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LOS ANGELES, CALIFORNIA - FEBRUARY 04: Tiffany Haddish attends the Stand UP: The Art And Politics Of Comedy Opens The City Of Los Angeles' Black History Month Celebration at Los Angeles City Hall on February 04, 2020 in Los Angeles, California.

Actress and comedienne Tiffany Haddish recently got emotional during an interview while recalling her mother’s abuse.

“My momma, she used to knock me out. Straight punch me, hit me, because she couldn’t use her words,” Haddish explained during the interview. Her mother was involved in a car crash that left her with severe brain damage.

“Here she is from a woman who owns two properties, owns her own business, was the manager at the US Post Office has a very extensive vernacular and now she had to learn how to walk talk eat everything that she taught me at that point I’m teaching her.”

“And the frustration of that she couldn’t think of the words so she would just hit. And so I thought maybe if I did a dance for her then maybe she won’t punch me in my nose today,” Tiffany Haddish continued, referencing her mother’s experience after a bad car accident that damaged her mentally.

BEVERLY HILLS, CALIFORNIA – JANUARY 05: Tiffany Haddish attends the 77th Annual Golden Globe Awards at The Beverly Hilton Hotel on January 05, 2020 in Beverly Hills, California. (Photo by Jon Kopaloff/Getty Images)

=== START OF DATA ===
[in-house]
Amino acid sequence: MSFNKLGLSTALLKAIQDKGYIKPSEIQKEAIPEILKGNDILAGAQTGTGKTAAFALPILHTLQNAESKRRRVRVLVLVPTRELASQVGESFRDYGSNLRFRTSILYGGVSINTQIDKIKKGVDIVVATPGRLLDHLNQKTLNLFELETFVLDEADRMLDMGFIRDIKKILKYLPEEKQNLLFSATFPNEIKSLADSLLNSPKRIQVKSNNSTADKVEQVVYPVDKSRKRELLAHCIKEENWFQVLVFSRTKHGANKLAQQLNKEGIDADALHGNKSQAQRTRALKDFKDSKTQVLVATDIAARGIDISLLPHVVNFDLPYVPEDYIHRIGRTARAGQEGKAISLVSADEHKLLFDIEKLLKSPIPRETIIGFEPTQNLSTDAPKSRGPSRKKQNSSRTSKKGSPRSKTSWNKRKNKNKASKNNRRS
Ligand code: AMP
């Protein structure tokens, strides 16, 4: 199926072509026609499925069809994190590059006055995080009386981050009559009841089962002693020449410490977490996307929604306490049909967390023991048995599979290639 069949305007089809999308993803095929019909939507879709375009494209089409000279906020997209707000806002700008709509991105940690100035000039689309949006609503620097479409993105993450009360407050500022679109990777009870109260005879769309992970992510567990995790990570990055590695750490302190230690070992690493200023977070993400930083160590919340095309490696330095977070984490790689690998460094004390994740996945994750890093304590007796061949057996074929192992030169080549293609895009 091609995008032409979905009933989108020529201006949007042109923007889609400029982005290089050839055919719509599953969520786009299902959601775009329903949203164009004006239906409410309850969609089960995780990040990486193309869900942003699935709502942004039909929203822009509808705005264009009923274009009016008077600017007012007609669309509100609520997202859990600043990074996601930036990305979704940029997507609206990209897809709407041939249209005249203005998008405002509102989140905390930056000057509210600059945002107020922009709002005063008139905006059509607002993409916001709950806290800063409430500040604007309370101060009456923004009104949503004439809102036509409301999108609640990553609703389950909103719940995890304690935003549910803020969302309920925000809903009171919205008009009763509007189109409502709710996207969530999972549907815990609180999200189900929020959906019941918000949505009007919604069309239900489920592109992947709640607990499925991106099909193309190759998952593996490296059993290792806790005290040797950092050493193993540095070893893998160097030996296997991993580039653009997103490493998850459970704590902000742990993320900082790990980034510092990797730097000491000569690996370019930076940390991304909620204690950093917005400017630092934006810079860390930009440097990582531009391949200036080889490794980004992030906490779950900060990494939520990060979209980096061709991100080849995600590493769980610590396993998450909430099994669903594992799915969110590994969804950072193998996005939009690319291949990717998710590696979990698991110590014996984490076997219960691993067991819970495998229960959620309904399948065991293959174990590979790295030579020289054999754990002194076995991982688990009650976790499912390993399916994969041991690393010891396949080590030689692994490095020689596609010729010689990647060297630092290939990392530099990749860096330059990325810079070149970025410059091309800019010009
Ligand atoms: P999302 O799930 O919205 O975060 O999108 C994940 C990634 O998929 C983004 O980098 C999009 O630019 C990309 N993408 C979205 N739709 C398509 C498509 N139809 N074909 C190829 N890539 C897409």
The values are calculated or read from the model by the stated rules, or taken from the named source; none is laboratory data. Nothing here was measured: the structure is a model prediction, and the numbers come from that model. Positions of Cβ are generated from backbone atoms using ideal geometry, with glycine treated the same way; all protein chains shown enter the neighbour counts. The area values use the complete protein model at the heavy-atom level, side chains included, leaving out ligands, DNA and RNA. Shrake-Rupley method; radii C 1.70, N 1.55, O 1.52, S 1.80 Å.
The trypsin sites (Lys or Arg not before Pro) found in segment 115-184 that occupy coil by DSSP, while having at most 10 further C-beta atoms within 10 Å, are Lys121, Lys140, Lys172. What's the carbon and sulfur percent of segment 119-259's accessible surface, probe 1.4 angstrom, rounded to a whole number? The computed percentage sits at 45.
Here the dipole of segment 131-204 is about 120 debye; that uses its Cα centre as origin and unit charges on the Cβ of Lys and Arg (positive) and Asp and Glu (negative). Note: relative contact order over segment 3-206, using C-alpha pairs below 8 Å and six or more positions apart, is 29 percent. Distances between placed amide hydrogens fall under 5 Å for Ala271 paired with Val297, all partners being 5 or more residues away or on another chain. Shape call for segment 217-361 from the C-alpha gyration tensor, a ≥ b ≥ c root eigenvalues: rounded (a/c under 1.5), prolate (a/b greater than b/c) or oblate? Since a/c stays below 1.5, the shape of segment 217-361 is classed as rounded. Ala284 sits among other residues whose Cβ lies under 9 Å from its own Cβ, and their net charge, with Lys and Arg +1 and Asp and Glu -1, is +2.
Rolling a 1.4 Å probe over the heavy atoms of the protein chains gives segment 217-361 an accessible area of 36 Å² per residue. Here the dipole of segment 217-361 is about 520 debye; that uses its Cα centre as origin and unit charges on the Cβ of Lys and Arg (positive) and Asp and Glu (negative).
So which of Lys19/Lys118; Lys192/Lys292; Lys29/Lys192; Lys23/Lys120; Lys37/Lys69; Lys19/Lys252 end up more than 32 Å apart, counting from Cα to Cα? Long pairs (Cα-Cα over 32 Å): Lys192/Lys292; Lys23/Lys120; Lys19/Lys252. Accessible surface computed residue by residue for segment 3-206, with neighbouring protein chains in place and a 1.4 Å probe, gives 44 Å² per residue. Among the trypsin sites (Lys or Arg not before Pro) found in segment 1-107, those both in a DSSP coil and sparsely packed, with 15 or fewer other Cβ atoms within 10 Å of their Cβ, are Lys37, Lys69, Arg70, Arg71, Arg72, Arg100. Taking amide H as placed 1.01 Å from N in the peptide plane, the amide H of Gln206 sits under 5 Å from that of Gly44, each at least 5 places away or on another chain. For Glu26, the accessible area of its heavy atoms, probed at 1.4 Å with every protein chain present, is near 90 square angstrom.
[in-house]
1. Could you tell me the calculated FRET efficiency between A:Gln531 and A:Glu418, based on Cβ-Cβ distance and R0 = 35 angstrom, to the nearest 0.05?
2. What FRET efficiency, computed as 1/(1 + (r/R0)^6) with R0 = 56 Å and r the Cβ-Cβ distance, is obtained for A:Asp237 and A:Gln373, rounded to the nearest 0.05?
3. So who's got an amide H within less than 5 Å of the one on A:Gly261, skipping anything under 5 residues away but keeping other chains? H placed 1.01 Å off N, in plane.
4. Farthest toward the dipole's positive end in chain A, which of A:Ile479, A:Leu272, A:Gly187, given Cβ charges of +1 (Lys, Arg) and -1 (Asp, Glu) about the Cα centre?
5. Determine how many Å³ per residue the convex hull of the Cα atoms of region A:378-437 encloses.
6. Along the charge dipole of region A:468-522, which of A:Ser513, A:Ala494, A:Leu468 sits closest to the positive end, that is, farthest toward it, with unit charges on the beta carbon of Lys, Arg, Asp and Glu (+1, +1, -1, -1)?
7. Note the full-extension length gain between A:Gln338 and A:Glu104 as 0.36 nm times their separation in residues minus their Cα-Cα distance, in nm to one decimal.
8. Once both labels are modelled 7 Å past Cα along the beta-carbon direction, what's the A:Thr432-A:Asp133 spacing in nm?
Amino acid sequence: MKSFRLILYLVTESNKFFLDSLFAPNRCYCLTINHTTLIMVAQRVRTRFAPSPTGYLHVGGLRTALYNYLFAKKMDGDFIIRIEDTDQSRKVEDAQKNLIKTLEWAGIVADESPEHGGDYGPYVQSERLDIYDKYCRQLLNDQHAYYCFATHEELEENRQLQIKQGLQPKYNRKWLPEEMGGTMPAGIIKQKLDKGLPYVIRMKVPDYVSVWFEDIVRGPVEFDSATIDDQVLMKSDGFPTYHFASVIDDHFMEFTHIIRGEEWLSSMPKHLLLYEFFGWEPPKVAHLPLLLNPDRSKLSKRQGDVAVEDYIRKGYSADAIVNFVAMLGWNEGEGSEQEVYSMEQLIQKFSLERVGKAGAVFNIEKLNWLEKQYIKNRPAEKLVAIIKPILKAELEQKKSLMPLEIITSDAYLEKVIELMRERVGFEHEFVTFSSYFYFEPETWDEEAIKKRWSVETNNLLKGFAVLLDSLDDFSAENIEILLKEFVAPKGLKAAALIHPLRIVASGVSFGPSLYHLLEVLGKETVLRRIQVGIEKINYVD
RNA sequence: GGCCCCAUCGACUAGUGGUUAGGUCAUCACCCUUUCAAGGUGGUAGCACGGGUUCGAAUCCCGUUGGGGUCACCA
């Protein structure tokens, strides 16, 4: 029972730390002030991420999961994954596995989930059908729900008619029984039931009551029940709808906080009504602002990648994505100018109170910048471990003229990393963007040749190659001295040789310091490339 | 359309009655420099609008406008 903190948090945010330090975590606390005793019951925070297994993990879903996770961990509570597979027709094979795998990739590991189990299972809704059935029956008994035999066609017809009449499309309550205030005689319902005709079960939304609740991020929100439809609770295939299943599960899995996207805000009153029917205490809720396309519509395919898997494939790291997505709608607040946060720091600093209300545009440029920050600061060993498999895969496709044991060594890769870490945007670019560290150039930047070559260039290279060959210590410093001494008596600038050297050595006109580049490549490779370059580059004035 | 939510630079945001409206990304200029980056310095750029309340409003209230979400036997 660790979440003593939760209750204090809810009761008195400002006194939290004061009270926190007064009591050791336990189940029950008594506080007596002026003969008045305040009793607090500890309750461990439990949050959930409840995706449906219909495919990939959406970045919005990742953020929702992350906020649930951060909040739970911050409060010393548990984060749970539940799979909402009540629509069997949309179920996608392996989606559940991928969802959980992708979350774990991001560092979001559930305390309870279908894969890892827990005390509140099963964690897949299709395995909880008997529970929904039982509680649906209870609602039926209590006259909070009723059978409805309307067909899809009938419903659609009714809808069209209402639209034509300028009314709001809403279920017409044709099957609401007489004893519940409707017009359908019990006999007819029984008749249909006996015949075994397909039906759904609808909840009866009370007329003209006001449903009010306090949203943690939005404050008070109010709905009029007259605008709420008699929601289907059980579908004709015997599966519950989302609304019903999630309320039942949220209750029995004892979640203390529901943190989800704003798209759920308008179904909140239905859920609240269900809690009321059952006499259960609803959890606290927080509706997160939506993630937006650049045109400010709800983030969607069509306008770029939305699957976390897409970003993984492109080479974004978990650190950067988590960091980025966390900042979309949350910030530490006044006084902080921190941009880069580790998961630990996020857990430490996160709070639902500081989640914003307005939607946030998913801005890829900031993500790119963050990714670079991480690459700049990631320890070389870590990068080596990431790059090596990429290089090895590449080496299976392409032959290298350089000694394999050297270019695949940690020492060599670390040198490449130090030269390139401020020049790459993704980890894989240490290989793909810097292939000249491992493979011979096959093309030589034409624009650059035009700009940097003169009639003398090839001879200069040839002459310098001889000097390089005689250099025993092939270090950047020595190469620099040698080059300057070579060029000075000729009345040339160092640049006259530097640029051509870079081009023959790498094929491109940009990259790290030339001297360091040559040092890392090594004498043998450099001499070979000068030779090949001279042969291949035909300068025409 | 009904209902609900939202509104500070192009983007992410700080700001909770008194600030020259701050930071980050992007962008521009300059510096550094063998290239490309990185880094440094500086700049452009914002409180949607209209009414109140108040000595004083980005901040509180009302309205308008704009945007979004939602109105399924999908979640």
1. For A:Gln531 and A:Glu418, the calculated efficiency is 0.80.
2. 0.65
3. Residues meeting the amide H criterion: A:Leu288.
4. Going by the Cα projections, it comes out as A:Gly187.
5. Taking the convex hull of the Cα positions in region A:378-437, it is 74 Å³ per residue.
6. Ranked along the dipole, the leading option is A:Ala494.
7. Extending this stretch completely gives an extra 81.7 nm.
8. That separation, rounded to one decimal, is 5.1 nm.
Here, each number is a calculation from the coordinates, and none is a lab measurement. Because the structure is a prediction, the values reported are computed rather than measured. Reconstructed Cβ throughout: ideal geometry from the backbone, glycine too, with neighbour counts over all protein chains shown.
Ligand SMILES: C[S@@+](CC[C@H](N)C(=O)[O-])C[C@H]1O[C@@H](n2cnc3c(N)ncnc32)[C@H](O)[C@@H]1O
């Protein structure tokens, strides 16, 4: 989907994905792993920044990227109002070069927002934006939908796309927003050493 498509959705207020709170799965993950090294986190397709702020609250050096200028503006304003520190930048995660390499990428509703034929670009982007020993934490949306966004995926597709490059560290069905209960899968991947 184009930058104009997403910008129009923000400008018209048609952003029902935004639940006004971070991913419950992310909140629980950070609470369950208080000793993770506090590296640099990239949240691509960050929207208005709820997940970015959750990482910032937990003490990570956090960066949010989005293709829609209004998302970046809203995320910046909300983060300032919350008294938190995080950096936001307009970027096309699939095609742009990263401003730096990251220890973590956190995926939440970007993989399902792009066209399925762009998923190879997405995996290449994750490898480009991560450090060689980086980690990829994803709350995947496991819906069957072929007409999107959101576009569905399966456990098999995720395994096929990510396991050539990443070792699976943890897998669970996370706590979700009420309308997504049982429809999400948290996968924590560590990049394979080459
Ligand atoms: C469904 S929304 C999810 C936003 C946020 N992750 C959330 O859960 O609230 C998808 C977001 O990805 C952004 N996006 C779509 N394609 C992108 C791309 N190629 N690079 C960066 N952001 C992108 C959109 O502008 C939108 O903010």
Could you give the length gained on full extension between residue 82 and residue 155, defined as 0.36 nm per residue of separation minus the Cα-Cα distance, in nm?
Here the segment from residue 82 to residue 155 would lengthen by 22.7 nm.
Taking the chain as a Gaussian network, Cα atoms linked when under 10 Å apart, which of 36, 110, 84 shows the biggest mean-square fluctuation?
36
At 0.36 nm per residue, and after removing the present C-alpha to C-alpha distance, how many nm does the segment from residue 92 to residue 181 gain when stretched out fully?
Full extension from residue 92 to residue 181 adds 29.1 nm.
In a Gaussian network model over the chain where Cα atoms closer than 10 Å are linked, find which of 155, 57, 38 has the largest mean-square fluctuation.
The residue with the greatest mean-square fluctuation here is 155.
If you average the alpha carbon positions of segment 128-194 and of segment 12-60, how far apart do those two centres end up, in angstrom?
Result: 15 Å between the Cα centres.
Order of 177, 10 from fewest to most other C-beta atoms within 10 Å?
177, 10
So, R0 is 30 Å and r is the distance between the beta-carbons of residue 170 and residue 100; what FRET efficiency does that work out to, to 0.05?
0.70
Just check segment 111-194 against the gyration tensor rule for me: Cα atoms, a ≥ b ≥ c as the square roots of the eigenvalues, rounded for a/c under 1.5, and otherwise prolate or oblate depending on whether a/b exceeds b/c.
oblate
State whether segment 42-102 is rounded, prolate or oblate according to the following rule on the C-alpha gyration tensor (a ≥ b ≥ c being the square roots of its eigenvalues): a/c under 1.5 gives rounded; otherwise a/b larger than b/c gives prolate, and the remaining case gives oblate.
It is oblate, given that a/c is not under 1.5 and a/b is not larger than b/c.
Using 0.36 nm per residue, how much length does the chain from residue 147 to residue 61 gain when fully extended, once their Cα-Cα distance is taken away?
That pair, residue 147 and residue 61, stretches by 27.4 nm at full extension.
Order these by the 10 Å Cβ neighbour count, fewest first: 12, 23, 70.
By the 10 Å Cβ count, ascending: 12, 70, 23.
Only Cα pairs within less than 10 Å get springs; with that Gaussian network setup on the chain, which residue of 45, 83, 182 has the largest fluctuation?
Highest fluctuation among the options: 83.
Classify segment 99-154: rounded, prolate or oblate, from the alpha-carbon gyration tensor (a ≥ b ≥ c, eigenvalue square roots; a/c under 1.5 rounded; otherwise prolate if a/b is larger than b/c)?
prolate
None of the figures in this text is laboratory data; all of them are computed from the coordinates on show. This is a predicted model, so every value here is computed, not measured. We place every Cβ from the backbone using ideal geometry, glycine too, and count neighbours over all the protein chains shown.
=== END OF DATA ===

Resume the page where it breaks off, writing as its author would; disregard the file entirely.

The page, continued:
Tiffany Haddish also discussed her experience in foster care during the interview.“At 12, 13 we got put in foster care. Got split up. My two sisters were put together. My two brothers were put together and then I was by myself for a few days,” Haddish said.

“Then I moved to a foster home, then a couple of other places then finally my grandma got custody of all of us.” Haddish also shared how a lot of men in the industry wanted her to have sex with them to get her foot into the door.

“A whole lot of not giving up no [expletive] so that you get held back. It’s a lot of men out here mad at me right now,” Haddish said. “Its a lot of dudes that used to tell me unless you [expletive] me you not gonna get here unless you’re my girl. It’s me that’s gonna walk you through the door. And I’m like, ‘No it’s God walking me in the door. You don’t walk me in no door.’”

Glennisha Morgan is a Detroit-bred multimedia journalist and writer. She writes about intersectionality, hip-hop, pop culture, queer issues, race, feminism, and her truth. Follow her on Twitter @GlennishaMorgan.